Dark Green Religion: Nature Spirituality and the Planetary Future

Dark Green Religion: Nature Spirituality and the Planetary Future

Dark Green Religion: Nature Spirituality and the Planetary Future

Dark Green Religion: Nature Spirituality and the Planetary Future


In this innovative and deeply felt work, Bron Taylor examines the evolution of "green religions" in North America and beyond: spiritual practices that hold nature as sacred and have in many cases replaced traditional religions. Tracing a wide range of groups--radical environmental activists, lifestyle-focused bioregionalists, surfers, new-agers involved in "ecopsychology," and groups that hold scientific narratives as sacred--Taylor addresses a central theoretical question: How can environmentally oriented, spiritually motivated individuals and movements be understood as religious when many of them reject religious and supernatural worldviews? The "dark" of the title further expands this idea by emphasizing the depth of believers' passion and also suggesting a potential shadow side: besides uplifting and inspiring, such religion might mislead, deceive, or in some cases precipitate violence. This book provides a fascinating global tour of the green religious phenomenon, enabling readers to evaluate its worldwide emergence and to assess its role in a critically important religious revolution.


Dark green religion is like a phantom. It is unnamed and has no institutions officially devoted to its promotion; no single sacred text that its devotees can plant in hotel rooms in hopes of reaping a future harvest of souls; no identified religious hierarchy or charismatic figure responsible for spreading the faith, ministering to the faithful, or practicing its rituals.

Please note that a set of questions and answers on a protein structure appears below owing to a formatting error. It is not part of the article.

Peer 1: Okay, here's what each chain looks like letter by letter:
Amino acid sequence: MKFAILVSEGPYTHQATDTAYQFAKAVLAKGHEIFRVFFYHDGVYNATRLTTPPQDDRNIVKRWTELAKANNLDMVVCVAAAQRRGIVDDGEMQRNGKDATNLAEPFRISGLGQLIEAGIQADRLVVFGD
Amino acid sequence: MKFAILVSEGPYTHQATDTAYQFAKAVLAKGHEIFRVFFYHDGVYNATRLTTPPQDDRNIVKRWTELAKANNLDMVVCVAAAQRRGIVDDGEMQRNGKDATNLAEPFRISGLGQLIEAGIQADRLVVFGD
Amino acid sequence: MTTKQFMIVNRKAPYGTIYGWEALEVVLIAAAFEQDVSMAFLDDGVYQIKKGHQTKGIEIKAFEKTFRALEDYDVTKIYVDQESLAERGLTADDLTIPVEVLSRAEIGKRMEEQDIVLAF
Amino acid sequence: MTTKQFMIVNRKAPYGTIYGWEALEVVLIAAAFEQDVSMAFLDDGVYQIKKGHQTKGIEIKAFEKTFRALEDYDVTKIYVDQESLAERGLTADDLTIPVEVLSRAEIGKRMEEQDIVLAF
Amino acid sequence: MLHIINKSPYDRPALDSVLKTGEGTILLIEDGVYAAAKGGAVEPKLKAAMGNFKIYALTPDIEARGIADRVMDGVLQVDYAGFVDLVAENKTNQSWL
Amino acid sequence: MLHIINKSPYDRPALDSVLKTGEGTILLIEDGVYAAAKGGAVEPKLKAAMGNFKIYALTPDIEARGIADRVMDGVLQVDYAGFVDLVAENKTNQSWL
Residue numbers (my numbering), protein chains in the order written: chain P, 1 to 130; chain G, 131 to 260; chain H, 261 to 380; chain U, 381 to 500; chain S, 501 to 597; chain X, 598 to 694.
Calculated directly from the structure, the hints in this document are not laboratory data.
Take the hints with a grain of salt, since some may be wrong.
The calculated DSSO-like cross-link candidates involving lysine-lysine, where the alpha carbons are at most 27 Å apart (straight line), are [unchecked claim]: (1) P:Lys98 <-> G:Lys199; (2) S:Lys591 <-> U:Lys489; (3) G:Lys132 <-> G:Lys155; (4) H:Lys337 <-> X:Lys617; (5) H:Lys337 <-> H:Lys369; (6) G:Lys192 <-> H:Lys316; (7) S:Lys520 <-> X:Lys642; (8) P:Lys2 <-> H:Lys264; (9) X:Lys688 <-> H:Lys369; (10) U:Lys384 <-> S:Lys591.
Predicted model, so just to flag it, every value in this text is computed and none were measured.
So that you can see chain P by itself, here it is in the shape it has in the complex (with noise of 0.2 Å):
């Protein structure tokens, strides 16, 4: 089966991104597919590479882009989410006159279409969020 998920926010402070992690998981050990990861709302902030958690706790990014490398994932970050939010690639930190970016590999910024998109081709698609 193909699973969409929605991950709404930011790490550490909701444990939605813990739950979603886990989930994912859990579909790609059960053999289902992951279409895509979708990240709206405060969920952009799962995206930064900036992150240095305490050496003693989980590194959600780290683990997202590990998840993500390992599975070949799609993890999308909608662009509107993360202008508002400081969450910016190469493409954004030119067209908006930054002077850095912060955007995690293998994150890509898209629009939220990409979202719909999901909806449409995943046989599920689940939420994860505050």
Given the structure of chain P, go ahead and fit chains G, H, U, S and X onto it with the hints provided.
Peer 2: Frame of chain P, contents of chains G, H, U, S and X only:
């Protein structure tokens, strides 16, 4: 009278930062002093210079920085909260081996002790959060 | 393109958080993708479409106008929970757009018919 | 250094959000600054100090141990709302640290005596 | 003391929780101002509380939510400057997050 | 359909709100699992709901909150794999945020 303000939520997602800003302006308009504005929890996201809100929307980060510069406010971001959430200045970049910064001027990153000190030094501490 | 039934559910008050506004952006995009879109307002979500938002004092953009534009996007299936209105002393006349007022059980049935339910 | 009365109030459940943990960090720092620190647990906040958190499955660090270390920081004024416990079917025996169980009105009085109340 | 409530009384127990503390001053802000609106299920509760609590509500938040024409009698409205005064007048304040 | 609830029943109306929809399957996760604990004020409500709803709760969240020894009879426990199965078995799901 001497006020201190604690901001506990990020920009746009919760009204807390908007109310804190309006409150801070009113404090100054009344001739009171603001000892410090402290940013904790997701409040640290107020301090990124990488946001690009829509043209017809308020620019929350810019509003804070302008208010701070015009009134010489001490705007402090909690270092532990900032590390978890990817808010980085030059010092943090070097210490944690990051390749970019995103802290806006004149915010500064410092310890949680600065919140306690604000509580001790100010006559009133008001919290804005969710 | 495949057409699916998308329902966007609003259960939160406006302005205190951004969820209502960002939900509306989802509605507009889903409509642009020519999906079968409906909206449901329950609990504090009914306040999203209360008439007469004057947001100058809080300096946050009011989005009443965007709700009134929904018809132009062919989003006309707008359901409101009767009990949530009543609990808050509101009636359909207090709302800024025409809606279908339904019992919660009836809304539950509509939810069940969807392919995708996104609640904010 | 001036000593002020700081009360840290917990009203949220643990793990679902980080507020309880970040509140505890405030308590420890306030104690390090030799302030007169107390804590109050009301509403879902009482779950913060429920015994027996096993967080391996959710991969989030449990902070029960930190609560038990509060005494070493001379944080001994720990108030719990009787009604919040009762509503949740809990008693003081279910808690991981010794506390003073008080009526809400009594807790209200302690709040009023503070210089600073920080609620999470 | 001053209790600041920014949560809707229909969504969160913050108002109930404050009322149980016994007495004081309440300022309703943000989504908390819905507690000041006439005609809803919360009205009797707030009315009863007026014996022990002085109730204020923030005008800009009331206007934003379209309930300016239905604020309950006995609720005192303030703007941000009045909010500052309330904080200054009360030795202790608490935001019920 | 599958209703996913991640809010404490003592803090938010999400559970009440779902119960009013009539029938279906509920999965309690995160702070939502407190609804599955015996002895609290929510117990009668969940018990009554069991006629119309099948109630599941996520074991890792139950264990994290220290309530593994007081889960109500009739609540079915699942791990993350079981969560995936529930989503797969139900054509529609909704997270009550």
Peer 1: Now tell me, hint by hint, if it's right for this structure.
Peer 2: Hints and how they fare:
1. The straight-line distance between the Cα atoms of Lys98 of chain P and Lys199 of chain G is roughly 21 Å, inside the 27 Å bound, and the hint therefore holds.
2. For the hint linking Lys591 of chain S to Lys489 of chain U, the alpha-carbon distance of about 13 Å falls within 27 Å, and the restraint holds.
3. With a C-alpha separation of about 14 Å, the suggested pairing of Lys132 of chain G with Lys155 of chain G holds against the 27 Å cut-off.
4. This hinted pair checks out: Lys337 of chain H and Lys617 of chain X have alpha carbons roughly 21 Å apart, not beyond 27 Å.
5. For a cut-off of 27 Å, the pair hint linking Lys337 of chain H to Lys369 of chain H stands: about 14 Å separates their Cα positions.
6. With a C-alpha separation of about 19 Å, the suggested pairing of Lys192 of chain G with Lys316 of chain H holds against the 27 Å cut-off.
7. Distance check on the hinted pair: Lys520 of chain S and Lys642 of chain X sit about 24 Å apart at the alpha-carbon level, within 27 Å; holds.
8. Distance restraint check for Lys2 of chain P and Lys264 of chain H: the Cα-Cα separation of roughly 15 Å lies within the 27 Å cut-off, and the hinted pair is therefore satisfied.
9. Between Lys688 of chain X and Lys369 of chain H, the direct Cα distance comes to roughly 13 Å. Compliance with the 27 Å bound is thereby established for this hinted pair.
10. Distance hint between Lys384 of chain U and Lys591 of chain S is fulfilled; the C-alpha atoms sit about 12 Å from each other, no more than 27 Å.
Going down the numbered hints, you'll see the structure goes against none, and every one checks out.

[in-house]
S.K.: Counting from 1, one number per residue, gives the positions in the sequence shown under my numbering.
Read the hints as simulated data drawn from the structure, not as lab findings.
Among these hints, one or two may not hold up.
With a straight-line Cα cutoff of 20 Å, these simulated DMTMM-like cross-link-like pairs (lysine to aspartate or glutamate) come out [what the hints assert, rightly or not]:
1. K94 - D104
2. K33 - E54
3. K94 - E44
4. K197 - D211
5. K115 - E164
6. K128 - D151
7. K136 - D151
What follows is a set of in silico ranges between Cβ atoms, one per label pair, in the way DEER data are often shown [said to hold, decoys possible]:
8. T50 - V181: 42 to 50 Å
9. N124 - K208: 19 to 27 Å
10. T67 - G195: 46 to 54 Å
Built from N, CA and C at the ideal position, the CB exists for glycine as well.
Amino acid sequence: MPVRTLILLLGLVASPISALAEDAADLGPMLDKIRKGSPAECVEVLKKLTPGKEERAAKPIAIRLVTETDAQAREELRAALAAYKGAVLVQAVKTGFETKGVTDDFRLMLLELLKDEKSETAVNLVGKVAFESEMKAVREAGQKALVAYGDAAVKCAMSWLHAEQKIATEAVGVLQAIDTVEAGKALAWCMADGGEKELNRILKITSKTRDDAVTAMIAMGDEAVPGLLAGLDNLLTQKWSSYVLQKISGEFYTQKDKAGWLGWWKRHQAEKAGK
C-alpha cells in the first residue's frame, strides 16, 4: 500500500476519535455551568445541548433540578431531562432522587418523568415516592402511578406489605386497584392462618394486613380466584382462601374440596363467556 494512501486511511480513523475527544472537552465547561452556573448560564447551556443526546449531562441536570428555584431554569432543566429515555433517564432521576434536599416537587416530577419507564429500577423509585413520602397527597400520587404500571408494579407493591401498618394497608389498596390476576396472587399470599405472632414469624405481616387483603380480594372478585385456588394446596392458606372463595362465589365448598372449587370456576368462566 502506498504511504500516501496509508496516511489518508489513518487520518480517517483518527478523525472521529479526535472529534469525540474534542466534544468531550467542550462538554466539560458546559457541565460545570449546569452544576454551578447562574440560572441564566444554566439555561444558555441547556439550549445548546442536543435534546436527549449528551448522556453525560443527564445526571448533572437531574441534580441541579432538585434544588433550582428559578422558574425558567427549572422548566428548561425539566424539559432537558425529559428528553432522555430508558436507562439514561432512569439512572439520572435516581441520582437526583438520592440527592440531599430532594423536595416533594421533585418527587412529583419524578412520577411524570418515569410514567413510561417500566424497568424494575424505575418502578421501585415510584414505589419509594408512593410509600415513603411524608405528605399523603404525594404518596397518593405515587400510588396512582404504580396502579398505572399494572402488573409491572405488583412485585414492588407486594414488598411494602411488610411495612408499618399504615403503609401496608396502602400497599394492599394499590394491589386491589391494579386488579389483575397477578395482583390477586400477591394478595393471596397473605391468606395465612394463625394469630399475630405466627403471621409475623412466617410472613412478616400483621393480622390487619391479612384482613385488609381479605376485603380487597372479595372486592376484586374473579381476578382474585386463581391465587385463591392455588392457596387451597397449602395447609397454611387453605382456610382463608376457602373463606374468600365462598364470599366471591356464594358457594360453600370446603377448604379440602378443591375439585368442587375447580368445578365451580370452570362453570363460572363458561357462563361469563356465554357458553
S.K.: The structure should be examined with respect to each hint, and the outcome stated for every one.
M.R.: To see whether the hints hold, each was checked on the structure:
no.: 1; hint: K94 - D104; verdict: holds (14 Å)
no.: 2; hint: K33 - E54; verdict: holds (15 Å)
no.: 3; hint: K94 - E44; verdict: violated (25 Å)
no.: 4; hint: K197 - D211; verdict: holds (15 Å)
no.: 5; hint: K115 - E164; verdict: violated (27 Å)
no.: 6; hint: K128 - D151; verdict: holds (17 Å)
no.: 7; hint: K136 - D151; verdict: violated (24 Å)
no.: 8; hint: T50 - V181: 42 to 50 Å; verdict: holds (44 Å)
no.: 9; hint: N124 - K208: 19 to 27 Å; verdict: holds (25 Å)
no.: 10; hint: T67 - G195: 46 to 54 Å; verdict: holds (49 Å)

Yet with alertness and the right lenses, the apparition appears.

It can be found in the minds and hearts of individuals who invent and are drawn to organizations that express its central convictions and moral commitments. It has charismatic figures and bureaucratic hierarchies devoted to its globalization. It is reinforced and spread through artistic forms that often resemble, and are sometimes explicitly designed, as religious rituals. It seeks to destroy forms of religiosity incompatible with its own moral and spiritual perceptions. It is considered dangerous by some, while others see it as offering salvation.

Dark green religion—religion that considers nature to be sacred, imbued with intrinsic value, and worthy of reverent care—has been spreading rapidly around the world. I label such religion “dark” not only to emphasize the depth of its consideration for nature (a deep shade of green concern) but also to suggest that such religion may have a shadow side—it might mislead and deceive; it could even precipitate or exacerbate violence.

Whether beneficent, dangerous, or both, such religion is becoming increasingly important in global environmental politics. It motivates a ix . . .

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